This was his key sentence about More’s conscience: ‘It was a conscience that sought to understand the Divine Will and, having understood it, to be obedient to the truth he saw.’  He asserted, ‘Conscience is unique to each person and what is done in obedience to conscience by one may differ from what is done in obedience to conscience by another.  In any event, as consciences do differ, the external expression of conscience by one may differ from what is done in obedience to conscience by another’.

He expressed his sadness that Cardinal George Pell had taken to saying, ‘Catholics should stop talking about the primacy of conscience.  This has never been a Catholic doctrine (although this point generally cuts little ice).  Moreover, such language is not conducive to identifying what contributes to human development.  It is a shortcut, which often leads the uninitiated to feel even more complacent while “doing their own thing”.’[6]

My father observed:Had Thomas More and John Fisher followed not their consciences but the majority of the English Bishops at the time, we would not have had their example to inspire the human spirit and the history of the Church and of England would have been the poorer.’

This led to a detailed respectful correspondence between Pell and my father.  Honouring my deceased father and the confidentiality of the correspondence from Cardinal Pell, might I simply close with a few quotes from my father’s letter to Cardinal Pell on 29 January 2002:

‘[W]hen officers of the church – even the Roman dicasteries – or individual bishops assert the power to prescribe what individuals or groups must do or refrain from doing, submission must surely depend on whether the individual consciences accept the prescription.’

‘But there can be no conflict between truth and reason, nor should there be any fear of discussion of the truth.  I confess that the Pope’s prohibition of discussion on his teaching about women’s ordination seems to suggest that discussion is the enemy of truth.  Far from leading to acceptance of the teaching, the prohibition casts doubt upon what is taught.  It is counter-productive.   Teaching authority of the Church is one thing; the power to compel belief is another.’

‘For me, the Church has authority to teach what is true and, as she proposes truth for my acceptance, I love and trust her.  But that is an authority over religious truth, not an authority to compel belief or action.   I fear the distinction is being missed in the ecclesiastical bureaucracy of today.’

I’m one Australian Catholic grateful for the commitment to conscience displayed by my father, the late Sir Gerard Brennan.  I’m delighted that he and Cardinal Pell could disagree cogently and respectfully.  Long may the peace and independence of Sir Thomas More continue to inspire and challenge us as we prepare for the next phase of our Plenary Council.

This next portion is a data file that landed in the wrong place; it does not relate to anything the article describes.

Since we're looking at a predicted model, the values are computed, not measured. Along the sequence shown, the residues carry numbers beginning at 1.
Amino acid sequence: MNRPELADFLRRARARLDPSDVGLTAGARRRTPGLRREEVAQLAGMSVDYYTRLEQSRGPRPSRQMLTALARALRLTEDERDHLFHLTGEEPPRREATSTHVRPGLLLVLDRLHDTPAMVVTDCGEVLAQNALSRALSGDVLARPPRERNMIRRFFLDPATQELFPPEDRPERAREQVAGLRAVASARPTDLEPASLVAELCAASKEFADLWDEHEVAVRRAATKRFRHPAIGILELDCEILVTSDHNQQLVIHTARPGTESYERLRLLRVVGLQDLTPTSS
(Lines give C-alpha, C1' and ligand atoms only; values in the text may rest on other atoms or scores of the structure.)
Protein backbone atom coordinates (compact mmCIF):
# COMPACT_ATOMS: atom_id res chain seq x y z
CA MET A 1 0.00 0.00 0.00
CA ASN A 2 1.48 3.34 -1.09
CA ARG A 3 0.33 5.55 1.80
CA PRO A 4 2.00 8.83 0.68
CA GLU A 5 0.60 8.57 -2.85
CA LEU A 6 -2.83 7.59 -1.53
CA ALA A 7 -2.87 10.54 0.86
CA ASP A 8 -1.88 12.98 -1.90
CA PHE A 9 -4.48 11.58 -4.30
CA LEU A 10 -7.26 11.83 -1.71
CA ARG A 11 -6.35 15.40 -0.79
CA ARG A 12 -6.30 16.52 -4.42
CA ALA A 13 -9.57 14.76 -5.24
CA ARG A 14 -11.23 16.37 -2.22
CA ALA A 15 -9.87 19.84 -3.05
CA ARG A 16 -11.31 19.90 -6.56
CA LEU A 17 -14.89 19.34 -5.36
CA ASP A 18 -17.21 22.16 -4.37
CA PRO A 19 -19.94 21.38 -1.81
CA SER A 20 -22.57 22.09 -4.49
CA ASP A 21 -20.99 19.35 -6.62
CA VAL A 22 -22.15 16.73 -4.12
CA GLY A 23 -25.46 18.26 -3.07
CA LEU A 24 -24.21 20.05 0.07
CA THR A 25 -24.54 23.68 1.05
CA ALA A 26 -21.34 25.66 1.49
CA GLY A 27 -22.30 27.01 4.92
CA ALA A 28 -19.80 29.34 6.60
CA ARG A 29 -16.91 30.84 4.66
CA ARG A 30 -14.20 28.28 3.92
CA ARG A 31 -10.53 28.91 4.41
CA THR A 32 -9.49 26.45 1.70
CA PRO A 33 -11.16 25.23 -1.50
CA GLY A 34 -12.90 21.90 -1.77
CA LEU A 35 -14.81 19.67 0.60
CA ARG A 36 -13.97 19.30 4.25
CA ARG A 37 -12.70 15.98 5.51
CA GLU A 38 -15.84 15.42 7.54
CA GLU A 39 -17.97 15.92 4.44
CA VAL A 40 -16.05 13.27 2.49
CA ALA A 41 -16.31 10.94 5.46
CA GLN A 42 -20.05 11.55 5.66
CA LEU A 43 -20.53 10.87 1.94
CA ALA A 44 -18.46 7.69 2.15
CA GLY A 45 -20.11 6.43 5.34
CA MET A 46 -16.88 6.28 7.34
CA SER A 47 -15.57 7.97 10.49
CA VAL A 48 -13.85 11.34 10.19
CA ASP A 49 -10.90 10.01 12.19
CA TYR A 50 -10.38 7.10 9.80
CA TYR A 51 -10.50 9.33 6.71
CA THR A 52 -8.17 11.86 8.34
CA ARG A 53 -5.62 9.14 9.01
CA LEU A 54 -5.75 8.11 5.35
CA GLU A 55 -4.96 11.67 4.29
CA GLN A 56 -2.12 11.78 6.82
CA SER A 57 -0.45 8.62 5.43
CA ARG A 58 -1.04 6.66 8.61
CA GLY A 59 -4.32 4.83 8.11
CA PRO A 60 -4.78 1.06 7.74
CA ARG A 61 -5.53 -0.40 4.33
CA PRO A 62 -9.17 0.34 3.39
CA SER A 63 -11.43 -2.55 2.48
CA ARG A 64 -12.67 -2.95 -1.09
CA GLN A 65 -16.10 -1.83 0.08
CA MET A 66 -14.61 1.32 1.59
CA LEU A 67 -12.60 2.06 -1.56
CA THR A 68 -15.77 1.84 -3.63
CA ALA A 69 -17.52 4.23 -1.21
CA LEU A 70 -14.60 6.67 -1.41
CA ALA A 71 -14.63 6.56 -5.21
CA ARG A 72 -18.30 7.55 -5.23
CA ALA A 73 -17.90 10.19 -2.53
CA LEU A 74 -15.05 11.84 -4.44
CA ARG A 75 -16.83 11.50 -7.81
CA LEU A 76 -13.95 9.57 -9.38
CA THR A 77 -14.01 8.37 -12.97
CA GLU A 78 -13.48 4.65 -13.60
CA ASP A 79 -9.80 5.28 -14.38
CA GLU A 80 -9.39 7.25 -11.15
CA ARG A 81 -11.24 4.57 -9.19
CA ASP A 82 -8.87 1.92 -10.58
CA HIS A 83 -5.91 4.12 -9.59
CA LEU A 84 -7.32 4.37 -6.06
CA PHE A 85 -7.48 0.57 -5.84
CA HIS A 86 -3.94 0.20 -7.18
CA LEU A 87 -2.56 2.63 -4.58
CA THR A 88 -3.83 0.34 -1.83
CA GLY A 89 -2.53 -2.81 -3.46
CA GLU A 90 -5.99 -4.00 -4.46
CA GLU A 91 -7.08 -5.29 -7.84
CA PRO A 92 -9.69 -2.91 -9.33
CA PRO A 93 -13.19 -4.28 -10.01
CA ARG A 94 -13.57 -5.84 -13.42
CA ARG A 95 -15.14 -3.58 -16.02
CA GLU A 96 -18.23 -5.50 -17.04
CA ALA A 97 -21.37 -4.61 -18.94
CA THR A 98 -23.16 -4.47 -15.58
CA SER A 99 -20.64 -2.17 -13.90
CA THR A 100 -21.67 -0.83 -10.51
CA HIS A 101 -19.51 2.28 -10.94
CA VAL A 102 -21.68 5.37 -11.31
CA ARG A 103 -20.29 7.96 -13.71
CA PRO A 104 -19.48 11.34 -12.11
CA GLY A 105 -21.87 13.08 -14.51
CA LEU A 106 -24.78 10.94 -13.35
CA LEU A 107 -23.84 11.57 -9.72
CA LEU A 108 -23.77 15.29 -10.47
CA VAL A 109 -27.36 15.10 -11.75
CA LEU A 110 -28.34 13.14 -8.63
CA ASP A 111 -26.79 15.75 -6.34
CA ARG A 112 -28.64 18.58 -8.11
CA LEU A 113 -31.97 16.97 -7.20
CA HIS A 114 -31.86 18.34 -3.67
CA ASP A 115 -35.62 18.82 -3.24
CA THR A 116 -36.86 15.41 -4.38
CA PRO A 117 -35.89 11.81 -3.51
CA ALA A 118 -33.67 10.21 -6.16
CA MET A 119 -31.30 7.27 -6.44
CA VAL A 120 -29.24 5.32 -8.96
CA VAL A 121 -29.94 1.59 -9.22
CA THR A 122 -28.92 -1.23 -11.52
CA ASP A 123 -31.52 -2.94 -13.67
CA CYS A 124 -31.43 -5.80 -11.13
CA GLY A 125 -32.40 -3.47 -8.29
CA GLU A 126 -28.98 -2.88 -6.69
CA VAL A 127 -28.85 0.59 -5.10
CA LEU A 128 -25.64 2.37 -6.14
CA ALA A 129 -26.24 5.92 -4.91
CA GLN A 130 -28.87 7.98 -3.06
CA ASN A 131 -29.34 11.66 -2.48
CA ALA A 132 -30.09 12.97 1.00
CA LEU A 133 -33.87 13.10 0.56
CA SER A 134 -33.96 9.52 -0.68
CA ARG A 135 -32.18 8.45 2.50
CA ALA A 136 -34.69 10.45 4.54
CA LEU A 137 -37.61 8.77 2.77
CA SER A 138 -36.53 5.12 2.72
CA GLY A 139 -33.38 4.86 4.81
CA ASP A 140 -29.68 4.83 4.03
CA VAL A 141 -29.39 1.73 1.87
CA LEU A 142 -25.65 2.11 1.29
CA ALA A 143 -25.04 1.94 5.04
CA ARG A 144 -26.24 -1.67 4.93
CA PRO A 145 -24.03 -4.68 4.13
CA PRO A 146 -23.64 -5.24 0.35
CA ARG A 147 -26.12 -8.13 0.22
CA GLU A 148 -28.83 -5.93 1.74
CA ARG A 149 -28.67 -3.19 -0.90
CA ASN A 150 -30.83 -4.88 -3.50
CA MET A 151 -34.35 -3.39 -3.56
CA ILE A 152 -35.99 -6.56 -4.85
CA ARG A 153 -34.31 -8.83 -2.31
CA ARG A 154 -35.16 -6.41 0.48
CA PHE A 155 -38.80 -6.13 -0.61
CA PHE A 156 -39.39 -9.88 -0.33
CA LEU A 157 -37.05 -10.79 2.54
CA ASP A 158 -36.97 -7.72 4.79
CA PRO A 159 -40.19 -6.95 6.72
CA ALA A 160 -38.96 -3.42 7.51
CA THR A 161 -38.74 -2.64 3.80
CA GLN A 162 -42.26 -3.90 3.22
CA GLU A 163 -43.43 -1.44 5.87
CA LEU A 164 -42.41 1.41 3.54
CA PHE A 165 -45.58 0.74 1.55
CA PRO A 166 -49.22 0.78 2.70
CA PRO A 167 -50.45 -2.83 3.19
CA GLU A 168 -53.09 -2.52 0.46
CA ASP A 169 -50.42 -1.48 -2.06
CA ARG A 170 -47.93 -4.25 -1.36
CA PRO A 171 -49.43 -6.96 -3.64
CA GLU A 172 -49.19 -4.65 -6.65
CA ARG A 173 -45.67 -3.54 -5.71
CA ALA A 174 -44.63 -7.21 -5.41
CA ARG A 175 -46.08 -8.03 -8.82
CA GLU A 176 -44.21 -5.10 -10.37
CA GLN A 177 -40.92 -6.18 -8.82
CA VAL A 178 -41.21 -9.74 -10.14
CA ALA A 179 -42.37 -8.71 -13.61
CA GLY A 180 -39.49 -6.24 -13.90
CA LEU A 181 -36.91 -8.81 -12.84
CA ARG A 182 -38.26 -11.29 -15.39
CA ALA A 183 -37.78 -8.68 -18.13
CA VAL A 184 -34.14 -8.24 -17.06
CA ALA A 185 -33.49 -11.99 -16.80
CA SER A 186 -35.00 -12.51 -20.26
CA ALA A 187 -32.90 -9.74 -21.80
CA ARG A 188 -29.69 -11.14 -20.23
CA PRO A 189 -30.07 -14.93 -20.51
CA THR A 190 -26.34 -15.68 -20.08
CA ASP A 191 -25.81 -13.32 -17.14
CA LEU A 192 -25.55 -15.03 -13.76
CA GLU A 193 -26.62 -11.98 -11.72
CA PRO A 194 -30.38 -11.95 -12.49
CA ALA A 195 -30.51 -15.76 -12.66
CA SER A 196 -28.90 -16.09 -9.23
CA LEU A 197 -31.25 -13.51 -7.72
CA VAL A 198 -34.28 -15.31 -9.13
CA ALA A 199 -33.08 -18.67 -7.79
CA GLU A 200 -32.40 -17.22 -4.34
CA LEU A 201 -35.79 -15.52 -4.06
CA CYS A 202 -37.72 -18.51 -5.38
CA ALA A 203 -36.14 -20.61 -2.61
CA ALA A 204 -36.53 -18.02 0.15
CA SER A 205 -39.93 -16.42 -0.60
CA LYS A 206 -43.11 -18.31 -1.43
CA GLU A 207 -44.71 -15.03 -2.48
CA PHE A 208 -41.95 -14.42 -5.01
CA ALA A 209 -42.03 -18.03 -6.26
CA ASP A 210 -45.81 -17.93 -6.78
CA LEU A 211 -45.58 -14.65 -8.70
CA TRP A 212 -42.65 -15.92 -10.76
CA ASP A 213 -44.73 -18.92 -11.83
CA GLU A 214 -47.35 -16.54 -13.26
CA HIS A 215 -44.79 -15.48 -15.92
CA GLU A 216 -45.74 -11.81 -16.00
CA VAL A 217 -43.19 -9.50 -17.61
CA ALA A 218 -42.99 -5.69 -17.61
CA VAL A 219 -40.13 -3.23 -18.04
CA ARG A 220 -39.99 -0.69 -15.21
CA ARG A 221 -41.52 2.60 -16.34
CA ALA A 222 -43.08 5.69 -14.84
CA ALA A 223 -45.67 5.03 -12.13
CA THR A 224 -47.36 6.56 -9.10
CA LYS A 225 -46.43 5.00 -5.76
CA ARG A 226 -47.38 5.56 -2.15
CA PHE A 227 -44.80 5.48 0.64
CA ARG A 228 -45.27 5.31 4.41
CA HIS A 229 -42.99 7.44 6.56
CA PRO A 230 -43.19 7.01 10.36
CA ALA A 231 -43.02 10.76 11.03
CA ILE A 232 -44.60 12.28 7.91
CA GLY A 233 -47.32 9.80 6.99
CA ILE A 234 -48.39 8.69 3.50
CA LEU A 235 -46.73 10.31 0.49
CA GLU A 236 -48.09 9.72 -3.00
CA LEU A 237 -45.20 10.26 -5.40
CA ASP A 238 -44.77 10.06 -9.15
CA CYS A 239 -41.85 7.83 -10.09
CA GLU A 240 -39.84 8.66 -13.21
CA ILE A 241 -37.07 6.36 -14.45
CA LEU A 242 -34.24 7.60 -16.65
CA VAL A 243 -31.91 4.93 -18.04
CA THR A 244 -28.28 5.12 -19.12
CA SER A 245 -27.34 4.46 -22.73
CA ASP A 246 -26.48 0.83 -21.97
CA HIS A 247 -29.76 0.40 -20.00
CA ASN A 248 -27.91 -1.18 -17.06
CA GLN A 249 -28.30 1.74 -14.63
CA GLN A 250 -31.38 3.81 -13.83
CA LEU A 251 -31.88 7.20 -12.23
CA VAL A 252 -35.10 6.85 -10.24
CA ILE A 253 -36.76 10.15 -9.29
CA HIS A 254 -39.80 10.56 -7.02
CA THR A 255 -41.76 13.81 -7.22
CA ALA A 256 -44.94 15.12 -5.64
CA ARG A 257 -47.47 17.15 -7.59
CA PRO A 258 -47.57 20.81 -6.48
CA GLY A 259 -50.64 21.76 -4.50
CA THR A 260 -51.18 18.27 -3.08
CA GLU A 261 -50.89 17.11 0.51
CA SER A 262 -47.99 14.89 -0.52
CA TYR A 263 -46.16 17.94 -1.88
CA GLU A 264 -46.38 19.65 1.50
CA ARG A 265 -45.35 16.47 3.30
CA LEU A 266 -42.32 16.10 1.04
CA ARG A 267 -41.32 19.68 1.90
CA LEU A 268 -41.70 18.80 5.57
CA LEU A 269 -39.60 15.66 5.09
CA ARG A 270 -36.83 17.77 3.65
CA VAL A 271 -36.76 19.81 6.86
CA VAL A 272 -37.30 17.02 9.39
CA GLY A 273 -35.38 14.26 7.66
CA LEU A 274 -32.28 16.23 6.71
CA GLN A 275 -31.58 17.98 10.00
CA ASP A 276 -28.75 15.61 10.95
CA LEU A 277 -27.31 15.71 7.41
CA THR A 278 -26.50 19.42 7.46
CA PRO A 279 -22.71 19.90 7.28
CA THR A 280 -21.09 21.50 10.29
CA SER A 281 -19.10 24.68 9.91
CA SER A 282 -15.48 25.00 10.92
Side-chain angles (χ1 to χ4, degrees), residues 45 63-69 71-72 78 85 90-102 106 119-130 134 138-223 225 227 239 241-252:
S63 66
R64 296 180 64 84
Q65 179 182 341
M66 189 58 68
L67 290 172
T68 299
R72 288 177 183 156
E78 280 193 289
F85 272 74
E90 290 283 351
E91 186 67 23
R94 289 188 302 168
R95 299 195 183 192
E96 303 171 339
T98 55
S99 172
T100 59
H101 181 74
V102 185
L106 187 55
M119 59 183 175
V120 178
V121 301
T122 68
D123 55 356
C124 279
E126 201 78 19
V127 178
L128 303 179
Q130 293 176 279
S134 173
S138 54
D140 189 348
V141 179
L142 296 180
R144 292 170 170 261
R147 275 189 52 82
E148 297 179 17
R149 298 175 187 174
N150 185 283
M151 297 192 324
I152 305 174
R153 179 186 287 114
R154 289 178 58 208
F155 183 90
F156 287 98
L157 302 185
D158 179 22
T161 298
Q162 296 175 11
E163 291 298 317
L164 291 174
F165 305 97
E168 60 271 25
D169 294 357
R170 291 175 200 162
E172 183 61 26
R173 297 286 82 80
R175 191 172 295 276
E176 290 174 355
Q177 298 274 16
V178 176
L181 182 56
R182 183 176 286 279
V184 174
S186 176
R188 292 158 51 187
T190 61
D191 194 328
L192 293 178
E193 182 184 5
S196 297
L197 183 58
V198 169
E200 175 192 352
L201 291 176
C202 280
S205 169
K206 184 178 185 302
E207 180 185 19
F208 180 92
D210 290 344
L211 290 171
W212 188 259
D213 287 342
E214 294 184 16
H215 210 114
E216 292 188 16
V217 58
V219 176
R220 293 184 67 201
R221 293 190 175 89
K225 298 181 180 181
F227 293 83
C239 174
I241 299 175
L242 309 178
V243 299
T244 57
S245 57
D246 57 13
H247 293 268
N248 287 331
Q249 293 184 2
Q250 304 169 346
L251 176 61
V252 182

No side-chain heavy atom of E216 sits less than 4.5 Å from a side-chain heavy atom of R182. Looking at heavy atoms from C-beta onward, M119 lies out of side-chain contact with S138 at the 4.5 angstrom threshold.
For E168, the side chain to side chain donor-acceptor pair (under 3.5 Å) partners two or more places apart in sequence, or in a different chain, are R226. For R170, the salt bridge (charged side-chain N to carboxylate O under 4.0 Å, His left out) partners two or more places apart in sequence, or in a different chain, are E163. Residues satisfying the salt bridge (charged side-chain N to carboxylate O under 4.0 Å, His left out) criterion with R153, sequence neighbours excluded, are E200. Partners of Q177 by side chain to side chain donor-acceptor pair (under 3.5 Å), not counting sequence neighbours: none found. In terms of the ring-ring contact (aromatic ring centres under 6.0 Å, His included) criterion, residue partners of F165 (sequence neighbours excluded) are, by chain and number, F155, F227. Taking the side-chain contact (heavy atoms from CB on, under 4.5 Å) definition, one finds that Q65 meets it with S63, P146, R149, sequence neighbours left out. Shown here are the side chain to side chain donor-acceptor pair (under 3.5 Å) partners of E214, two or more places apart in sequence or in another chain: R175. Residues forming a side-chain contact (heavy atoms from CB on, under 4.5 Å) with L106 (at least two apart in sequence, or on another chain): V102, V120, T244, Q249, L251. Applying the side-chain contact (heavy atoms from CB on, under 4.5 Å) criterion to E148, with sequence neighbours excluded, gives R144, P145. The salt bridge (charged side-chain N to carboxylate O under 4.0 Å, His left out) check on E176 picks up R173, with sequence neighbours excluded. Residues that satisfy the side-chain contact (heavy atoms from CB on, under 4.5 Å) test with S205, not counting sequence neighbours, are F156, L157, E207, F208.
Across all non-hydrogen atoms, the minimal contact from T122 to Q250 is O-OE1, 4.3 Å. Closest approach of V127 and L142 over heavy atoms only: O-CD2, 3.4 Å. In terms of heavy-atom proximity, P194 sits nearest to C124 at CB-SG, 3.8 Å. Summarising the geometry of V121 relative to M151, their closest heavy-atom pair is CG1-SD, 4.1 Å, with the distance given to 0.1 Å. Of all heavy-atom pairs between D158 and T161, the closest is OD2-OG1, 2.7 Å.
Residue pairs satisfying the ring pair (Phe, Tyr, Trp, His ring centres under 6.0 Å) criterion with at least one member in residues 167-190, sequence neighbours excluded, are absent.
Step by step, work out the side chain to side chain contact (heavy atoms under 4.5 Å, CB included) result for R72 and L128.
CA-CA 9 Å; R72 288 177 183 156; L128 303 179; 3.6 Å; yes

You are my inheritance, O Lord.

Keep me, O God, for in you I take refuge;
I say to the LORD, “My Lord are you.
O LORD, my allotted portion and my cup,
you it is who hold fast my lot.”

You are my inheritance, O Lord.

I bless the LORD who counsels me;
even in the night my heart exhorts me.
I set the LORD ever before me;
with him at my right hand I shall not be disturbed.

You are my inheritance, O Lord.

Therefore my heart is glad and my soul rejoices,
my body, too, abides in confidence
because you will not abandon my soul to the netherworld,
nor will you suffer your faithful one to undergo corruption.

You are my inheritance, O Lord.

You will show me the path to life,
fullness of joys in your presence,
the delights at your right hand forever.

You are my inheritance, O Lord.


[1] Peter Ackroyd, The Life of Thomas More, Doubleday, 1998, p. 269

[2] Ibid, p. 270

[3] F G Brennan, ‘The Peace of Thomas More’, Thomas More Lecture, 30 October 1981, Brisbane, published in Utopia, The Journal of the Thomas More Society, Sydney, Volume 1, Issue 1, 1990

[4] F G Brennan, ‘The Independence of Thomas More’, 1983.

[5] F G Brennan, ‘The Sky is Red’, Address to the Thomas More Society, Sydney, 6 July 2000, published in Utopia, The Journal of the Thomas More Society, Sydney, Volume 2, Issue 1, May 2001, pp. 3-7

[6] Archbishop George Pell, ‘Catholicism and the Architecture of Freedom: the Inaugural Acton Lecture on Religion and Freedom’, Customs House, Sydney, 4 August 1999.  By way of follow up, Archbishop Pell then said, ‘In the past I have been in trouble for stating that the so called doctrine of the primacy of conscience should be quietly dropped.  I would like to reconsider my position here and now state that I believe that this misleading doctrine of the primacy of conscience should be publicly rejected.’  (“From Vatican II to today – Address to Catalyst for Renewal’s Bishops Forum”, 30 May 2003).

Fr Frank Brennan SJ is the Rector of Newman College, Melbourne, and the former CEO of Catholic Social Services Australia (CSSA). He has been appointed a peritus at the Fifth Plenary Council of the Australian Catholic Church.